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Is There A Quicker Way To Clean Freight Car Wheels?

Mervyn asks:

“I’ve airbrushed and weathered most of my 136 freight cars and have got them looking good. A lot of work but worth it. I now want to remove any grime and gunk build-up on the car wheels. From experience, I know it will take at least 15 minutes to clean all 8 wheels on just one car by swabbing an Isopropyl Alchohol soaked Q-tip against the wheel tread and rotating the other axle wheel. I calculate about 34 hours of repetitive work. Is there an easier/quicker way?”

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6 Responses to Is There A Quicker Way To Clean Freight Car Wheels?

  • Frank Bsays:

    1) Not that I know of.
    2) Get creative and invent something.
    3) Patent it.
    4) Sell it to rail modellers and become rich.

    Oh ! I just thought of something ! A rotary nylon brush in a 12V drill ! Held at a slight angle, this will rotate the wheels and brush the dirt off at the same time.

    Still waiting for someone to invent something.

    • Frank Bsays:

      For metal wheels, use a brass rotary brush. This works brilliantly for loco wheels where you need good electrical contact.

  • Jim Vsays:

    Try White vinegar and a a-tip.

  • Herveysays:

    Mervyn you don’t say what type of wheels. If they are plastic you have a long term problem. Metal wheels are much less likely to accumulate any large quantity of the black gunk.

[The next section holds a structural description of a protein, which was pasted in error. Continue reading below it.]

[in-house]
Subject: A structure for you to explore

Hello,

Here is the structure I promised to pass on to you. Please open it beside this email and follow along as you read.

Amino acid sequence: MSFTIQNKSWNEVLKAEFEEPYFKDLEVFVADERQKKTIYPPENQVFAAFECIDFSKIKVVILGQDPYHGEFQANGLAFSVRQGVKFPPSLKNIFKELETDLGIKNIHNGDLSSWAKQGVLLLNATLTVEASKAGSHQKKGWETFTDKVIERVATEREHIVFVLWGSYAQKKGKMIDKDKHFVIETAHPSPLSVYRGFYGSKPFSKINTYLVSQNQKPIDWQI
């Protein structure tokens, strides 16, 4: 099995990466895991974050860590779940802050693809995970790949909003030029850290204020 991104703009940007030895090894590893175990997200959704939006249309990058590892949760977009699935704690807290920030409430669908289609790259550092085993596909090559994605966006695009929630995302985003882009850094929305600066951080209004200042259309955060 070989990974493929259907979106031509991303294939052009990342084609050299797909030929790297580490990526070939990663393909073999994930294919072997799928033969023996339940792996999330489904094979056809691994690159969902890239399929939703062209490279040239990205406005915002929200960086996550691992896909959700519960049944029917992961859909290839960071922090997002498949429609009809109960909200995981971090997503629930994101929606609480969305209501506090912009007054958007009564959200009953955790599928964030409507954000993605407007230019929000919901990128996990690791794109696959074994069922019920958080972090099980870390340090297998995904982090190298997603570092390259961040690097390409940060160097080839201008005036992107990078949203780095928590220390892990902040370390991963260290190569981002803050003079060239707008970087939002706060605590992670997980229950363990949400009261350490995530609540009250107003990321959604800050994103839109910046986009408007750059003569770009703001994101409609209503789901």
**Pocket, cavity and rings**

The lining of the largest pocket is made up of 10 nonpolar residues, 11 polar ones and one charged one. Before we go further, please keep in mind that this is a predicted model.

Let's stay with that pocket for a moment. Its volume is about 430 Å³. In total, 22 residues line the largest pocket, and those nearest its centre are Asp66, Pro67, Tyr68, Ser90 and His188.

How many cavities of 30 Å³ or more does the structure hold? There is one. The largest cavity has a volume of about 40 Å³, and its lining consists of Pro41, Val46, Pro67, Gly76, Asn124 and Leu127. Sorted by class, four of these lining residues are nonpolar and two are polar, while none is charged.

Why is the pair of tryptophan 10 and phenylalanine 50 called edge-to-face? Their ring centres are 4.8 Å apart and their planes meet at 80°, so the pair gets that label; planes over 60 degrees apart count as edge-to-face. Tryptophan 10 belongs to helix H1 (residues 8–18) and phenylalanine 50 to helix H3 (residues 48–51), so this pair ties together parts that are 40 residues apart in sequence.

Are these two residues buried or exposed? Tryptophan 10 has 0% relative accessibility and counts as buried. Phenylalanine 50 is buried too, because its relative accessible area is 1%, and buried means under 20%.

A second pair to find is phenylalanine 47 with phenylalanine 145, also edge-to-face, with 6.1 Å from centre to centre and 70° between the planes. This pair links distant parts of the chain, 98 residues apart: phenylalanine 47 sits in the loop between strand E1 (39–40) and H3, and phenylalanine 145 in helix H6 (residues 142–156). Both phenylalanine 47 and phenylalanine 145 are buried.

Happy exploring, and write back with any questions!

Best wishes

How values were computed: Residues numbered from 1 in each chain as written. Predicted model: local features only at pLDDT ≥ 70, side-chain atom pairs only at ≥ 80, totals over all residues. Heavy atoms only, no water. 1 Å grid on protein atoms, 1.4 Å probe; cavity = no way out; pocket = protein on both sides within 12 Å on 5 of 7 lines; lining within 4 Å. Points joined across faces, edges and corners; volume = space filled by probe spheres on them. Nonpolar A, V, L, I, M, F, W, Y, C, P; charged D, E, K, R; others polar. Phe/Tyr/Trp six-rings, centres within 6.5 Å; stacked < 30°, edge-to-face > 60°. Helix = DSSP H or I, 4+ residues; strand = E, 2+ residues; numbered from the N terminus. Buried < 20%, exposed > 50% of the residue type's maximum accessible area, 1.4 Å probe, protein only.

If the gunk is not too thick try wetting a paper towel with Isopropyl Alcohol and lay it across the track. Move the car back and forth on the wet towel until no dirt is left behind.
    If you are running plastic wheels look into converting to metal wheels. Once everything is clean keep your track clean and I recommend you use odorless mineral spirits. Its chemical makeup will help minimize the accumulation of the black gunk on your rails.

  • David Stokessays:

    I haven’t tried this, but Hey?
    Take all your wheel off the wagon, and take them to your local jewel and ask him to put them in his sonic cleaner. ALDI had these little electronic cleaners recently for about $50 AU, so 23 quid in the UK.
    Might work, and I know they’ll keep her in doors rings nice and shiny..

  • Russ B.says:

    Such a good question. One method I have used with great success is using a Dremel tool with a cloth buffing wheel. Add a bit of alcohol or track cleaner to the buffing wheel. Using a very slow speed (so you won’t be wearing the cleaner) apply it to the train wheel. Using your thumb on the opposite wheel, slowly rotate it. This has proven to be a pretty effective and speedy way to clean wheels.
    Good luck

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